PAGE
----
But even more than they are for pliant women, tech and video game companies are horny for the ill-defined terms “Web 3.0” and the “Metaverse.” Both are meant to invoke the idea of an empowered online individual but, in practice, are usually just ways to rehabilitate and market out-of-date virtues (prioritizing work productivity, individual ownership) for a fresh audience. Perhaps to take cover from quickly crumbling blockchain “innovations” like pay-to-win video games, new Web3 proponents cling to comforting images of technological progress, which includes those ethereal, buxom digital women who might be capable of a roundhouse kick in Mortal Kombat, but would never nag you about your dumbass NFT investment. Criticism isn’t in their source code.
Krafton invoked all the right buzzwords for its Ana news, writing in a press release that “ANA is designed to engage a global audience and help establish KRAFTON’s Web 3.0 ecosystem” that will “attract the interest and popularity of Gen Z” through music and a foray into influencer-dom.
The company declined to answer any of my questions (“Do you think Ana’s design will alienate female gamers? “Is Krafton doing anything to prevent Ana from relying on stereotypes?” “Can you describe how Ana’s design and capabilities might appeal to Gen Z specifically?”), saying in an email to me that “there will be more announcements/details in the coming weeks!”
Ideally, in the coming weeks, we’ll be lucky enough to receive another close-up of Ana giving the camera meaningful bedroom eyes, except with a little more poreless forehead.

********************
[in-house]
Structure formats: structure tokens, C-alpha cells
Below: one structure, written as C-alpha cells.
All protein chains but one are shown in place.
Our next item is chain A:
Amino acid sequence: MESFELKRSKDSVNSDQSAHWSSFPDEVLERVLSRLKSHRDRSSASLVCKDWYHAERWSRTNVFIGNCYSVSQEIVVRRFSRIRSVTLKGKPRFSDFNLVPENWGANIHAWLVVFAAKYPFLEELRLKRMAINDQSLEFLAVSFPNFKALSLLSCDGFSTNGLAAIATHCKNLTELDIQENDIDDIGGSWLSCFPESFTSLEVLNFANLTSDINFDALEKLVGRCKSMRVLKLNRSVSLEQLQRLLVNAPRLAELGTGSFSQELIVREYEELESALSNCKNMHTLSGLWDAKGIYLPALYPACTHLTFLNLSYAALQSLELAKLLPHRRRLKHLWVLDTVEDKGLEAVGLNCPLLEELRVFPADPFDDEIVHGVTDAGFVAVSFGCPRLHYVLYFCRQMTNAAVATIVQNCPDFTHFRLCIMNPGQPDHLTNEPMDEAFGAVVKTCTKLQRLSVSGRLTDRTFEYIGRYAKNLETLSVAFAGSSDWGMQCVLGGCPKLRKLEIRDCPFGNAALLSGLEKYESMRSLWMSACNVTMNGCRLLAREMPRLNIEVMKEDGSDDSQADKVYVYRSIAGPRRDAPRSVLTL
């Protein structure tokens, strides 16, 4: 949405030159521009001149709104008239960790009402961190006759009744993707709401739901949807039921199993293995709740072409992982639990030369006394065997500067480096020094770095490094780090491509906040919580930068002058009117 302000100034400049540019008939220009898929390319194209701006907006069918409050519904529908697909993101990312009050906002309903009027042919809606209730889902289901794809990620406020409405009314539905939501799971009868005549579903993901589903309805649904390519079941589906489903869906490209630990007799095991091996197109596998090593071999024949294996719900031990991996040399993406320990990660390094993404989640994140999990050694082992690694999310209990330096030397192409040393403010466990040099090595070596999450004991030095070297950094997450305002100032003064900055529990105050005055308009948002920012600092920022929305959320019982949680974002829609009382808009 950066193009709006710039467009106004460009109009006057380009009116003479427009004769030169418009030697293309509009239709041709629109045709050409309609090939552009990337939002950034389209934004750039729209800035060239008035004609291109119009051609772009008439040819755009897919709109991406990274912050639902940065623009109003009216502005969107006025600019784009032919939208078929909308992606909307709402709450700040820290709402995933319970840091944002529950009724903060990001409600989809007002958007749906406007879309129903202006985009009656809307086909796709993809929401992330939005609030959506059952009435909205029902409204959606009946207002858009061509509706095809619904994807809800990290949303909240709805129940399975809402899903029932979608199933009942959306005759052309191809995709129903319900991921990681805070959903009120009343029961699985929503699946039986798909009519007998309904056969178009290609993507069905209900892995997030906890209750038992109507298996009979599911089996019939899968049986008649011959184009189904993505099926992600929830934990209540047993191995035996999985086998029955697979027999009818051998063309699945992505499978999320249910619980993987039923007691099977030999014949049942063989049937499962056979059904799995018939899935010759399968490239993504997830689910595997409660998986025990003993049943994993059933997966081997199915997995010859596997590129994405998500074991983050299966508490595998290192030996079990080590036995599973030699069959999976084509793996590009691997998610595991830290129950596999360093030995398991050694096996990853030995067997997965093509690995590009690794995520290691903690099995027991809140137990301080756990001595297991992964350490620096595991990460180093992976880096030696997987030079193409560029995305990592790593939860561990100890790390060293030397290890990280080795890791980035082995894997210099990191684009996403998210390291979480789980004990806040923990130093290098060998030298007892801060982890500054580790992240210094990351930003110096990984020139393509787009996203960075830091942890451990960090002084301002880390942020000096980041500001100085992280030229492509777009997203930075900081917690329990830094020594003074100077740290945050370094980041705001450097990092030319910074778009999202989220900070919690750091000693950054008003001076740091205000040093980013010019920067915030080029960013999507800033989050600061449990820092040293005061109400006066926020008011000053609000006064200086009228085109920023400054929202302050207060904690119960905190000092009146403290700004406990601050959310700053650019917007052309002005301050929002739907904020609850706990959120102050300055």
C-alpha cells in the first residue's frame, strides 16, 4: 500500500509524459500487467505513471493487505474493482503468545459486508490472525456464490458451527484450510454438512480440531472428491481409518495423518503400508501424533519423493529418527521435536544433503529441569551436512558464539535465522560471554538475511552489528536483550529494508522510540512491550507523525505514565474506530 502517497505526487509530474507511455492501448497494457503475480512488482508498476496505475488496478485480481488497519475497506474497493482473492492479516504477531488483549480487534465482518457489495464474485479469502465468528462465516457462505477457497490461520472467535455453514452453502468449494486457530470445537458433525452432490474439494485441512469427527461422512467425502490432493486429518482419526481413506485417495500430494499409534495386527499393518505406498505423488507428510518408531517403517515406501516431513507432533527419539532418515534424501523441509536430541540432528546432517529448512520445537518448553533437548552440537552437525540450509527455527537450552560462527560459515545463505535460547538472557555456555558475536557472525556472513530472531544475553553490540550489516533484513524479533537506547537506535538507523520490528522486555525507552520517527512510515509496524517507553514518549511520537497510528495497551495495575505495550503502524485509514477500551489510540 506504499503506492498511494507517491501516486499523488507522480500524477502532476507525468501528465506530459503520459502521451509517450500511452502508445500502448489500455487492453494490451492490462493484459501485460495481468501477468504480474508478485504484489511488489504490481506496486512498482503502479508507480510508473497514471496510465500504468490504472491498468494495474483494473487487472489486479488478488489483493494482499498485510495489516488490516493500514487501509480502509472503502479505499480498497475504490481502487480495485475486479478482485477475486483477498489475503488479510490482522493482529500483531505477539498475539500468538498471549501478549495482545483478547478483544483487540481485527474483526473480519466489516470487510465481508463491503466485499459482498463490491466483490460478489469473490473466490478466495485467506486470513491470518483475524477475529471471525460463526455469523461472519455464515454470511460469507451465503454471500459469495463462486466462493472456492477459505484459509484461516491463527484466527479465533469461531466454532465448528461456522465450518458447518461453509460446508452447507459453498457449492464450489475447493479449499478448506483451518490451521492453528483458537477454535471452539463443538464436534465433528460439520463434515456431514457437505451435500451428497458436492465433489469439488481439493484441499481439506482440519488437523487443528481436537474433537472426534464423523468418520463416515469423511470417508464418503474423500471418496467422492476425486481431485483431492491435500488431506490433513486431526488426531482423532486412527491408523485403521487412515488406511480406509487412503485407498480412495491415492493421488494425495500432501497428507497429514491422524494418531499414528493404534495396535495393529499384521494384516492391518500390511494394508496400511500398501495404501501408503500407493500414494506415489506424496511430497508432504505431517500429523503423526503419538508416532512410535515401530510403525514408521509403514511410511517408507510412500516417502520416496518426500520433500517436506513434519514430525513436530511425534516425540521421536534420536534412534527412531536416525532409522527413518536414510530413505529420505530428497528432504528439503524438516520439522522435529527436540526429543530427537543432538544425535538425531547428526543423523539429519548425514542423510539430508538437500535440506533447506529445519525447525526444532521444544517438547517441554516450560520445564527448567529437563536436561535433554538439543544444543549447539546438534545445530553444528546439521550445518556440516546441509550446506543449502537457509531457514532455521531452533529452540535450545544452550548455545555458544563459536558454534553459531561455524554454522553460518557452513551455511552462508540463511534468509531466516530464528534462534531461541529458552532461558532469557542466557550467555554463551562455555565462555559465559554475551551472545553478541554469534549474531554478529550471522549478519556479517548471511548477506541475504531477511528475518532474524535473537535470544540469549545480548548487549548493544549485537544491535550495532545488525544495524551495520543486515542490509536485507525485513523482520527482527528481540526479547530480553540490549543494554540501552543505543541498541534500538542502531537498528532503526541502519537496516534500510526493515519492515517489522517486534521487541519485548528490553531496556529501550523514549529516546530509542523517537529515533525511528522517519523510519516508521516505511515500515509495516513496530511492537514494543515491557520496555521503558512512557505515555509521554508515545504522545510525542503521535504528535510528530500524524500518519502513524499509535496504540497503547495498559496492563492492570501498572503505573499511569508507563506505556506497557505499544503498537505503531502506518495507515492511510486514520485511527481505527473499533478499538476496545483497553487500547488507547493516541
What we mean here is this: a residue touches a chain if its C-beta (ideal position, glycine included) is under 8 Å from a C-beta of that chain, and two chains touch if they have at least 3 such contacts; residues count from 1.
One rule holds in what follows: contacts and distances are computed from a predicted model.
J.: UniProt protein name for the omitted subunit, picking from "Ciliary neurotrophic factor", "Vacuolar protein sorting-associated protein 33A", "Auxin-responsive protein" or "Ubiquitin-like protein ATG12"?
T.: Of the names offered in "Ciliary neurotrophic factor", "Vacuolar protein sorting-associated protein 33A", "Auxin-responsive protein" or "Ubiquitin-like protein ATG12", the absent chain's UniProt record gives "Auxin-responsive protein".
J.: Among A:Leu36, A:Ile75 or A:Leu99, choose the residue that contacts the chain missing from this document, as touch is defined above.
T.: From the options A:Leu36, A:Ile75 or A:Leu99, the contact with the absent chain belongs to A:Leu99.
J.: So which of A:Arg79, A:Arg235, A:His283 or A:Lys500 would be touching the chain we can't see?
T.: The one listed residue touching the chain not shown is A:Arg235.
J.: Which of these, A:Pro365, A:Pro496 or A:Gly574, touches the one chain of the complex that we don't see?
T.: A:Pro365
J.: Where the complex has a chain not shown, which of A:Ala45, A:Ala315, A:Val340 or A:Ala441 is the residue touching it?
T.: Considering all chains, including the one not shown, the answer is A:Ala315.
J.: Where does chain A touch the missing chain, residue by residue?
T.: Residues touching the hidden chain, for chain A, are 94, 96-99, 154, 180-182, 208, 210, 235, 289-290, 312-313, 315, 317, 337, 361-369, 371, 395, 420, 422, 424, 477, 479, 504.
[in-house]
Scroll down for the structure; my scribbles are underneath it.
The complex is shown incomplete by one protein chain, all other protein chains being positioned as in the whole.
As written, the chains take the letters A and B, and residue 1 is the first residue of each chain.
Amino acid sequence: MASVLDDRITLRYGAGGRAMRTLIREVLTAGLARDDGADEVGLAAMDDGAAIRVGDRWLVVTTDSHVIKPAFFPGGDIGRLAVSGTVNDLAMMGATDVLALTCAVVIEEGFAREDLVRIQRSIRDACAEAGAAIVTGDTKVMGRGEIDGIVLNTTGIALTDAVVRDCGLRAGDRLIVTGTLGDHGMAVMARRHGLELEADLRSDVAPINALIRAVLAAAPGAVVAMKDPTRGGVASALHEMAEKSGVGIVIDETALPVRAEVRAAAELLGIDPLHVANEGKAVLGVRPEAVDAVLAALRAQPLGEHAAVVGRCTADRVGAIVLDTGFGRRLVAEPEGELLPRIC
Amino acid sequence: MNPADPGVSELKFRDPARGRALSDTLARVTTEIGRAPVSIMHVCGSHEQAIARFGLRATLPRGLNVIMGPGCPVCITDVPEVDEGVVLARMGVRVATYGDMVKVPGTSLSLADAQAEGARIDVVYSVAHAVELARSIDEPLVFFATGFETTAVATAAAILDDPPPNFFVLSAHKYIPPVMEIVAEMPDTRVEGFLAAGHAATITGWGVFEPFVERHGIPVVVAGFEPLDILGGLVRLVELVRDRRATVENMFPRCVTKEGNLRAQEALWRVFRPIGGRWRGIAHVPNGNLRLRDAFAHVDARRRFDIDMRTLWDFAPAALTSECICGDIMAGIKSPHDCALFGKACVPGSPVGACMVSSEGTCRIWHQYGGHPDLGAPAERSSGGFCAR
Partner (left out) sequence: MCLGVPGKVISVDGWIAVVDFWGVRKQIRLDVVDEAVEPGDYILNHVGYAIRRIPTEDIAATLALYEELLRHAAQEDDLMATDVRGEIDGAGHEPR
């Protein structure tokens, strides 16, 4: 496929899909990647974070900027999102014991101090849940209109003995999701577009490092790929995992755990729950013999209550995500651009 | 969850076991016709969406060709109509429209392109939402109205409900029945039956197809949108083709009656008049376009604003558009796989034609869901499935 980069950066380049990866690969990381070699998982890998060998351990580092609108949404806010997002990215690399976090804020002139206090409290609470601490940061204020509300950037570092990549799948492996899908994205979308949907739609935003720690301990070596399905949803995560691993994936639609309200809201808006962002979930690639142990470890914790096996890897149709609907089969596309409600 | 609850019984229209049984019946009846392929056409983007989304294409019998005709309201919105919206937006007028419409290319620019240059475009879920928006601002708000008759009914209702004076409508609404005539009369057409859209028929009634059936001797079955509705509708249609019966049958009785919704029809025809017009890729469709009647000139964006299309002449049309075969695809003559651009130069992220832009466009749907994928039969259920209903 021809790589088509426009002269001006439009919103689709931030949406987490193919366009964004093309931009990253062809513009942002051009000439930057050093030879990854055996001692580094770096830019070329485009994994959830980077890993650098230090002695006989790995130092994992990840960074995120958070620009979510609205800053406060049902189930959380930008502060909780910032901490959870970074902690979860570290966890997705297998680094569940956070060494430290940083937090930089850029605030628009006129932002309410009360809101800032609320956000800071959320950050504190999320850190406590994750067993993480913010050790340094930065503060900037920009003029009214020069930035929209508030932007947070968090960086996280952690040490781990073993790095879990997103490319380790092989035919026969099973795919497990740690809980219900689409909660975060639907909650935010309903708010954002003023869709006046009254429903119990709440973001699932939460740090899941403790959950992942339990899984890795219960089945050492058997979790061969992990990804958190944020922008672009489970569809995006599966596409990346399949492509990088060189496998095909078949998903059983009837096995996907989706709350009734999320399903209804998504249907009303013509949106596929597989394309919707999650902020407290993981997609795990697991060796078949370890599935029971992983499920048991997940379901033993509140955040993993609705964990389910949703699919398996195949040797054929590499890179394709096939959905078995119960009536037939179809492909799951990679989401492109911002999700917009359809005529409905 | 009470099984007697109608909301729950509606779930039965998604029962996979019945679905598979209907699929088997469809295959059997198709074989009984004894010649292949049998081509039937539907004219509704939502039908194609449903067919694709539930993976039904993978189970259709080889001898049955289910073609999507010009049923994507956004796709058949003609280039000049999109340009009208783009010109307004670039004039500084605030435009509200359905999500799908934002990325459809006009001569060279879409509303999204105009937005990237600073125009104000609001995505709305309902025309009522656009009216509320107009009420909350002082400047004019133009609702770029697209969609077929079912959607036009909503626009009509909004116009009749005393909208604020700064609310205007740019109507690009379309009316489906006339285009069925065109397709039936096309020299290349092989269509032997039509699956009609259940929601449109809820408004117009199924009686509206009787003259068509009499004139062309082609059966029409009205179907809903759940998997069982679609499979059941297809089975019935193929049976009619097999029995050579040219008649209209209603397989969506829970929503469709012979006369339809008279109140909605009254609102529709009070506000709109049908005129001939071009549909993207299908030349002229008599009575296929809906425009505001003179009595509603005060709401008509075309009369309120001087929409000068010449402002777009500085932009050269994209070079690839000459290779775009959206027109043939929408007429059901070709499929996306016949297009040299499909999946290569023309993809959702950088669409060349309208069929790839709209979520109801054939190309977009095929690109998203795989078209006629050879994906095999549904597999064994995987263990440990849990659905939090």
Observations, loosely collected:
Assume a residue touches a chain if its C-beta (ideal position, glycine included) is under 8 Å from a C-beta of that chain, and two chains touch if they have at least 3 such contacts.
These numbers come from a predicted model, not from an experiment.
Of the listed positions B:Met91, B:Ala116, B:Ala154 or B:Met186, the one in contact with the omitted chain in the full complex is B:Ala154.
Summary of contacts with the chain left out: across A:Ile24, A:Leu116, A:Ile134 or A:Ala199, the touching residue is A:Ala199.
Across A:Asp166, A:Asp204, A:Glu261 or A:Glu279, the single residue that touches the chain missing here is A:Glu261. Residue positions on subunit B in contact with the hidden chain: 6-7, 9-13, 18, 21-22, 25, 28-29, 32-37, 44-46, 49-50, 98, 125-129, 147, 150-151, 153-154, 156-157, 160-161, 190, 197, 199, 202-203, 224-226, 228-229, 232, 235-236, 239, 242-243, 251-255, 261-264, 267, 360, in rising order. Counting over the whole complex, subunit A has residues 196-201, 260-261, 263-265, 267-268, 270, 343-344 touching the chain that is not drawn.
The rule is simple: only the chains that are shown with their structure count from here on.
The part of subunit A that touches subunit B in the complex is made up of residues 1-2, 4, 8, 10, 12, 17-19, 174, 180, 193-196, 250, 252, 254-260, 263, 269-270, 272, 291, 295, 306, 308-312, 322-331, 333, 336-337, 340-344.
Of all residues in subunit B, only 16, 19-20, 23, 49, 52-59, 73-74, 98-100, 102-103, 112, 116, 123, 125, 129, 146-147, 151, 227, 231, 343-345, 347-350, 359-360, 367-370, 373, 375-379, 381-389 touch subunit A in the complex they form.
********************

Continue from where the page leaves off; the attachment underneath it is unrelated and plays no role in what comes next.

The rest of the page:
Yeah, I’m feeling pessimistic, but I don’t want to be. It’s possible that, below her neck, Ana will contain some messaging that indicates she is not another iteration of male developers conquering technology by shaping it into their preferred future—a thin, pale, obedient woman. Who, by the way, also wants to sing with “advanced voice synthesis” and become a social media phenom, which you’d be forgiven for mistaking as the only two career paths open to pretty girls.
Yeah. It’s eternally frustrating to be a woman excited by video games and the internet only to have their potential routinely diluted to the same tedious tropes a straight man depends on to get off. Making AI women that represent the same qualities Victorians found in the restrained angel in the house is not “Web 3.0,” it’s bog-standard, traditionally sexist. An AI-assisted voice can be represented by any visual, any blob or creature, but the best Krafton can come up with is a woman I’ve seen on advertisements and thinspiration Tumblr since I could go online.
But I should put up with it, shouldn’t I? This is how we live, regurgitating the same images and rewriting the same opinions that no one listens to and yet still finds time to disagree with. I just don’t want Krafton to act like this is the future. Sometimes I feel like we’ve been stuck in history for as long as we’ve been recording it.